Charles Myers testified…regarding his relations with the late Mrs. Smith and told of frequent visits to her home. He was on the stand for more than an hour.

Bessie was the last witness in the trial. She did not dispute many of the crucial facts. Yes, she had taken a loaded revolver to Vesta’s house. Yes, she had pushed her way into the house to find her husband. Yes, she had shot Vesta.

However, her testimony also provided jurors with some insight into both her state of mind and, critically, how she could claim self-defense for shooting a woman in her own home.

Over the previous year, Bessie explained, she had gone to Vesta’s house on a number of occasions to get Charley and bring him back home – incidents that caused her “mental grief over her husband’s conduct.”

She took the gun, she claimed, because she was afraid of Vesta, who had a reputation as a “fighter.” Bessie never intended on using it. In fact, she even reiterated Kleah’s earlier testimony about pulling a gun on Vesta. It seems Bessie wanted to emphasize she’d had the opportunity to shoot Vesta before but hadn’t.

Bessie testified that when she went to the kitchen that night, Vesta had backed up to a table where some knives were lying. Vesta had then approached Bessie with her hand behind her back saying, “If you value your life, get out.” Bessie then claimed she had fired the first two shots into the floor as a warning before firing the third shot directly at Vesta.

Verdict

On the afternoon of July 27th, the state and the defense made their final arguments, and that afternoon the jury convened to decide Bessie Myers’ fate. One hour and ten minutes later, the jury of 12 men returned their verdict: not guilty.

Throughout the trial, Charley had stood by Bessie’s side, and when it was over, the Star reported that the two of them returned to their Gay Street home together. Whether they lived happily ever after is unknown.

Sources:
The Marion Star, May 28, 1934
The Marion Star, May 2, 1934
The Marion Star, June 1, 1934
The Marion Star, June 6, 1934
The Marion Star, June 21, 1934
The Marion Star, June 27, 1934
The Marion Star, July 24, 1934
The Marion Star, July 25, 1934
The Marion Star, July 26, 1934
The Marion Star, July 27, 1934
The Marion Star, July 28, 1934
https://www.sciencehistory.org/distillations/coffins-in-a-bottle

Where We Once Lived – A Ghost Story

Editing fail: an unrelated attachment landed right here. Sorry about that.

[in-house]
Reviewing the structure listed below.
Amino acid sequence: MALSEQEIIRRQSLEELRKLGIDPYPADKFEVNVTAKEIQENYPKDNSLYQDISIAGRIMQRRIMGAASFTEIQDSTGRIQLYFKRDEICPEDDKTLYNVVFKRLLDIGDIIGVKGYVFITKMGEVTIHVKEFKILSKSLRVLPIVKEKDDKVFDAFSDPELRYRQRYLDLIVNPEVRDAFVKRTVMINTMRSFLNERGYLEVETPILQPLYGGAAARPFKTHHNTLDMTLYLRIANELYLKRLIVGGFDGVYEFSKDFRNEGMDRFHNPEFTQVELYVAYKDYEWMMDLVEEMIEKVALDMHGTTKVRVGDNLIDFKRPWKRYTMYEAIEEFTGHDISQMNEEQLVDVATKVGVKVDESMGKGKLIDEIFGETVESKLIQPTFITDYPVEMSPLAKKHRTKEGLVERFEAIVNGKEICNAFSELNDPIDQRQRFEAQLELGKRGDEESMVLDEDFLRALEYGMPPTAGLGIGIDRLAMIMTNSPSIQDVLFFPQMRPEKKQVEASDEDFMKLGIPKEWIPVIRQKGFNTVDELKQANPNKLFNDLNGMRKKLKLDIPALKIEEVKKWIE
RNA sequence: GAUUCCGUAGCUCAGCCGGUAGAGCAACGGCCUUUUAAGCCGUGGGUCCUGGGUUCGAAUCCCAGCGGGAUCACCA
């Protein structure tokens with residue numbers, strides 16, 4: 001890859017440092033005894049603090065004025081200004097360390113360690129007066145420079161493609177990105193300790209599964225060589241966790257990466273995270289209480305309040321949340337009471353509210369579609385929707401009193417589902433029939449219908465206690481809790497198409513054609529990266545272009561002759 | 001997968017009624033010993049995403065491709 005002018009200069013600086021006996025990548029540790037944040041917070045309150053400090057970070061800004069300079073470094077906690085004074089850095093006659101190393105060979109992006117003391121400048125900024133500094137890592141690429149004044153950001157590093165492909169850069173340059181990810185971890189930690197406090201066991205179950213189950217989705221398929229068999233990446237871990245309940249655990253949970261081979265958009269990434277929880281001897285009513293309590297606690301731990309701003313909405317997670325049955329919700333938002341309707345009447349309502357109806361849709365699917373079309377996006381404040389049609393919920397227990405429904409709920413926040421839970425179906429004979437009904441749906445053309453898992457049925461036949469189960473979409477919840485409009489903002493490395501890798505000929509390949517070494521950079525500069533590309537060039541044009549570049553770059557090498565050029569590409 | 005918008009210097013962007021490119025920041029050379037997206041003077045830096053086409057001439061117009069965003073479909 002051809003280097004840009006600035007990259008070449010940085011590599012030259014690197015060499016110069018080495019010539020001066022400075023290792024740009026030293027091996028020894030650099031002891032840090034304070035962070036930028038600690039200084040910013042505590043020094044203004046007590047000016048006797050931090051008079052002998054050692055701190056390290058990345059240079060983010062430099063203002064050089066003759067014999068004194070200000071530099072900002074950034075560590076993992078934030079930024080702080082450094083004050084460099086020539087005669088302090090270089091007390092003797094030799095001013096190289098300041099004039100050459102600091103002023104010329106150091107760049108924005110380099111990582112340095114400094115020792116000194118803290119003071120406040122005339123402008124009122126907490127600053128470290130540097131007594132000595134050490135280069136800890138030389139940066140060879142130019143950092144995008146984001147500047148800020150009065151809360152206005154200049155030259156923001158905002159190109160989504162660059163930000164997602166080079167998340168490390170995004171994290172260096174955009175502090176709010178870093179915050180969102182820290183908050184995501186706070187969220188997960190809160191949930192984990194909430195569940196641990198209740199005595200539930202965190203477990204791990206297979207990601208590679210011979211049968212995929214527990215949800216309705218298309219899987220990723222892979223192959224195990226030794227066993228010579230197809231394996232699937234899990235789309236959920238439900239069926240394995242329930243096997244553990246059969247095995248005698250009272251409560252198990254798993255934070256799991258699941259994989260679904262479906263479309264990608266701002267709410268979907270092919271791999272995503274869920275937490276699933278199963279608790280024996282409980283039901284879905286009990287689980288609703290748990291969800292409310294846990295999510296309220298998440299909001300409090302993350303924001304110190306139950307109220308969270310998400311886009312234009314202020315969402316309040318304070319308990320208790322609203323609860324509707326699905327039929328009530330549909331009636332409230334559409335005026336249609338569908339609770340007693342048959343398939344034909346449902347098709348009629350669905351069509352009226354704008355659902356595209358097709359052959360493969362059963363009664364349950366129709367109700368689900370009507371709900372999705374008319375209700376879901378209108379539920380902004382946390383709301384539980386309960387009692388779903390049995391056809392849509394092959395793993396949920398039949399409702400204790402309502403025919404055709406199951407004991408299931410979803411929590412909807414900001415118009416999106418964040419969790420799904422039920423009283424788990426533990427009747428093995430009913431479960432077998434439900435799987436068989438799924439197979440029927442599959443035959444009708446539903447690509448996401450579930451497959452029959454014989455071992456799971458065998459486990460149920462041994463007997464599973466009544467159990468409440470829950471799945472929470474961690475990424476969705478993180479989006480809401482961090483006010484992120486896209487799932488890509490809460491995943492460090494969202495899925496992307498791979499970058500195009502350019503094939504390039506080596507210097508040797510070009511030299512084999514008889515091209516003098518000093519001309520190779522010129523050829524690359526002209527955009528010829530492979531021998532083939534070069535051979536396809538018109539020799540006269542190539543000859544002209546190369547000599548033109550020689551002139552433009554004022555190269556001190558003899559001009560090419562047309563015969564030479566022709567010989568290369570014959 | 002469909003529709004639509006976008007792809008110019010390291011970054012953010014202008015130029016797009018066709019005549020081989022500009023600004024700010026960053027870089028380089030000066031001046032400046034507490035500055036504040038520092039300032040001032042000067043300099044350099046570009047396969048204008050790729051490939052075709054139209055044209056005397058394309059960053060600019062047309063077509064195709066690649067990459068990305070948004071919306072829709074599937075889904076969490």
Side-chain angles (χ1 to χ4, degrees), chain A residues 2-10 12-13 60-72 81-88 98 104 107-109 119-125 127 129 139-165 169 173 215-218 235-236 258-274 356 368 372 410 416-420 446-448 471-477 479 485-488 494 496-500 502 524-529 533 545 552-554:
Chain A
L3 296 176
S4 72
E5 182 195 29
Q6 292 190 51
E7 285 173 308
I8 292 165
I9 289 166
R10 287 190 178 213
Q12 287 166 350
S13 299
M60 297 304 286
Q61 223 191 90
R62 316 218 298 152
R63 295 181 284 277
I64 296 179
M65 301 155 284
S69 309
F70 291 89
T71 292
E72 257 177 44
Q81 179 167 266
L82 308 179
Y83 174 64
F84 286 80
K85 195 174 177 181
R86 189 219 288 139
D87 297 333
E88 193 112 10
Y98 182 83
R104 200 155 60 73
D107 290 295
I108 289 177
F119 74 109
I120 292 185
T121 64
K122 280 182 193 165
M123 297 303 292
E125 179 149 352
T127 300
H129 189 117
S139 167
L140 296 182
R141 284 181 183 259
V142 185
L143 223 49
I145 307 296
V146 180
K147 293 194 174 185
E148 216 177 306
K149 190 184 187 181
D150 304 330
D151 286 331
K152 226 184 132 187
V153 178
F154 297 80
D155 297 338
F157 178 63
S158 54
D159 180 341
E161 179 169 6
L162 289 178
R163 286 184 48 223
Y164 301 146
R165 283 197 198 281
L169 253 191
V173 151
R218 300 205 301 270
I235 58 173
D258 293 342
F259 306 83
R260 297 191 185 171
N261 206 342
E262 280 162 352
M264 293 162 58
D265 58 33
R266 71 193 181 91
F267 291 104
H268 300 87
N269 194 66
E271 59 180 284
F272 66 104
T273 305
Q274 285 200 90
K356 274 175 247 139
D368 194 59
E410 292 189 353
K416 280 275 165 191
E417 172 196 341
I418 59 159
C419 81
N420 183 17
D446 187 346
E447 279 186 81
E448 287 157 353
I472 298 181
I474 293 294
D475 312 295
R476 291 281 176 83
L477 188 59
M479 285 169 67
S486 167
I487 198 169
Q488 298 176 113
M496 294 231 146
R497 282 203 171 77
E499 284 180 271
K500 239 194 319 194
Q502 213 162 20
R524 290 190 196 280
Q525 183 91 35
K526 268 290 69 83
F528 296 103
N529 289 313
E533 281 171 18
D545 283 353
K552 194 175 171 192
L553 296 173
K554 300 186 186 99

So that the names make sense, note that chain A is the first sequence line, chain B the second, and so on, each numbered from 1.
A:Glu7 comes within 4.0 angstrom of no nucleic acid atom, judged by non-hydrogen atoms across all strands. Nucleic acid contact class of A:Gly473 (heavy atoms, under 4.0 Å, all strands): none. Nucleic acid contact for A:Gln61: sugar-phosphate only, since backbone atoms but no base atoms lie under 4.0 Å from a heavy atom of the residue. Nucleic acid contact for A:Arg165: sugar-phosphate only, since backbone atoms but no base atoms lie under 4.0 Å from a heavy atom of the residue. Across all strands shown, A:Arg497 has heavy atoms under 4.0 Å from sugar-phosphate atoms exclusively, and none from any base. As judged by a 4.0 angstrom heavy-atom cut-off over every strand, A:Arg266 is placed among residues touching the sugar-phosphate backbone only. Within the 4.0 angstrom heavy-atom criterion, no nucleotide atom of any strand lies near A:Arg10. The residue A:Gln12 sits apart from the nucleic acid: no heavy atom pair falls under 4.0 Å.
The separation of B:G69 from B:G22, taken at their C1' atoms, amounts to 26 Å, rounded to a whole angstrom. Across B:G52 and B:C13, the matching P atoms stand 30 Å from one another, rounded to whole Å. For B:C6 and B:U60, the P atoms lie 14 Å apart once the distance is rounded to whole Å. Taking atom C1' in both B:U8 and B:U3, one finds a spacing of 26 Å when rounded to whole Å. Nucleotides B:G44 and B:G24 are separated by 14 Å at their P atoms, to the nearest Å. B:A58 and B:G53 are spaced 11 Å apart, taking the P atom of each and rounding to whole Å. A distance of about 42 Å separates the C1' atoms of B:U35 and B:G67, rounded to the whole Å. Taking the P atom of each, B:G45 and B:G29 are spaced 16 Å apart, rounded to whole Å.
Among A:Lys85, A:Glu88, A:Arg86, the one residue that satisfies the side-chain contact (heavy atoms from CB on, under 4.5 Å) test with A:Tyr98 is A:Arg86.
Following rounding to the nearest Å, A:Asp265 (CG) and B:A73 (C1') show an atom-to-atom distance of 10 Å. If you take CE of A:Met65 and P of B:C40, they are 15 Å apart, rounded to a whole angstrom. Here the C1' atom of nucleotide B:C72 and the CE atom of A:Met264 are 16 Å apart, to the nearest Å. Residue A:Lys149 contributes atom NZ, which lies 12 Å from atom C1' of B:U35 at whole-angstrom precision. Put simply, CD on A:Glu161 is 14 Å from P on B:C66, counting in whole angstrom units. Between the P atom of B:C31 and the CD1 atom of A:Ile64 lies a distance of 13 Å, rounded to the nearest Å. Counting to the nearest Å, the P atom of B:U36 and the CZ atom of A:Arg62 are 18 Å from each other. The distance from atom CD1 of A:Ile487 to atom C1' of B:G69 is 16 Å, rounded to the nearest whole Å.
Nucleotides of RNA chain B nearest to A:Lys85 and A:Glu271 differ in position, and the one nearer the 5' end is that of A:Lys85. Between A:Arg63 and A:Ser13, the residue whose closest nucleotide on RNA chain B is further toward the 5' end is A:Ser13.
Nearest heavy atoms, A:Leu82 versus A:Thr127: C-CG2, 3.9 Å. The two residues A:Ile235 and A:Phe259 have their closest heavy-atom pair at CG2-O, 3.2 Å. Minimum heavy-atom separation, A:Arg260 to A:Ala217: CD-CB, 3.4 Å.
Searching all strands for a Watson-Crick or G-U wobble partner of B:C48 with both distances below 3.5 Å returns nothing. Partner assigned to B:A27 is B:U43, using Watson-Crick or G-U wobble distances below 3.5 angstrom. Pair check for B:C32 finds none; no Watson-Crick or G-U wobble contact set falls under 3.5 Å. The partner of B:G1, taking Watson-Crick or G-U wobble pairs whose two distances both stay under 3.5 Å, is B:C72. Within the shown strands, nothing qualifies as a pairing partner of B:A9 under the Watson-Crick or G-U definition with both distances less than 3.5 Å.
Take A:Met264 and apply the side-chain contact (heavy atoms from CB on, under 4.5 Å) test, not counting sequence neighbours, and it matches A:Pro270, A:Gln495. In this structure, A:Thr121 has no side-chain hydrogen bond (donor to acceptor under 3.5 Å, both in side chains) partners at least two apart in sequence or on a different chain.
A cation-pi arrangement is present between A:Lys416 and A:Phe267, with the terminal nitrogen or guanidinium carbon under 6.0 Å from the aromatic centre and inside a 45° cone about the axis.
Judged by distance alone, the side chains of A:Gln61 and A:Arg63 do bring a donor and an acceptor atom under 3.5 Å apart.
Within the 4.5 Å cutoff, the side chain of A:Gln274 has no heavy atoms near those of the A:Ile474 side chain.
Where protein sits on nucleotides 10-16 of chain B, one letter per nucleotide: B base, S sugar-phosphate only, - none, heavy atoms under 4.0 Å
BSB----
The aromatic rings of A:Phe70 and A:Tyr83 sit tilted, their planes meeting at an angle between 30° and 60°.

Your past stays with you, for better or for worse.

Every now and then, a memory flits through Sherry Mullins’ mind. Like the creak of a floorboard in the middle of the night, the memory is unexpected and perhaps not always welcome.

Memories of the house. The house on Scranton Avenue where she lived as a girl.

The house in question in December of 2019. It’s clearly fallen into disrepair and no one is currently living there. When I sent a photo of the house to Sherry, she was dismayed at how it looks today.

Sherry sent me a message in 2016 telling me that she believed she and other family members had lived in a haunted house, and she wanted to know if I had ever heard anything about it. I hadn’t. However, the little bit of info she gave me piqued my interest, and we eventually spoke on the telephone in 2017. I made copious notes, took photos of the house in question and then…got sidetracked with other stories for this website

Now, though, it’s time to tell her story.

Sherry says the story began with her grandpa, Carl Hodges, who bought the house. Although Sherry wasn’t sure of the exact year, she’s pretty sure her grandparents were already living there when she was born in 1964.

Grandpa Hodges’ first eerie experience in the house occurred while he was doing electrical work in a closet and glimpsed a woman with long, dark hair. He thought it was his granddaughter, Debra Boothe, and began talking to her. However, when he turned around, the woman was gone.  He nicknamed this ghost Lucy, and that’s the name the rest of the family ended up using.

Sherry said that over the years her grandmother occasionally heard the sound of their piano and would say out loud, “Lucy, stop!” The piano would then go silent.

Around 1972, after her grandparents moved out, Sherry and her family moved into the upstairs of the house while a great aunt lived downstairs. When her great aunt later moved out, Sherry’s family had the run of the whole house.

During that time she lived there, Sherry heard the sound of footsteps on the stairs and experienced lights turning themselves off and on.

She also heard tapping on the walls. Sometimes, Sherry even responded to the noises:

“I would say something like, ‘Tap on the ceiling.’ And then there would be a tap, tap, tap. And then I would say, ‘Okay, now stop.’ It would stop.”

She said she was never particularly scared of Lucy, but she also admitted that, unlike her grandpa, she never actually saw the ghost either.

Other family members heard noises as well. Her mother, for example, also heard the sound of footsteps going up and down the stairs. When I asked her about her dad, she said that he saw things, too, but was a bit more skeptical and generally unwilling to ascribe their experiences in the house to the supernatural.

When Sherry and her family moved out of the house around 1977, her aunt and uncle, Bill and Loretta Markley, moved in with their growing family. They, too, had disconcerting experiences in the house. Loretta said that she was once taking a bath and afterwards couldn’t leave the bathroom because some mysterious power was keeping the door locked. Another time, one of Loretta and Bill’s daughters, Elizabeth “Missy” Ward, saw something fly off of the wall.

The Markleys moved out in ‘85 or ‘86. Since the new occupants weren’t part of Sherry’s family, she stopped hearing stories about the house.

According to family lore, the house, which was built in 1900, caught on fire at one point and a woman died. This was why Sherry had contacted me; she wanted to know if I was familiar with such a story.  However, I was unable to find any records of an incident like this.

Sherry left Marion in 1988 and moved down to the Piketon area and then on to Columbus, which is where she resides today.

She hasn’t been in Marion in years since she has few relatives still living here. All Sherry has are her memories. Of her family. Of the house on Scranton Avenue. And of Lucy.

~Josh Simpkins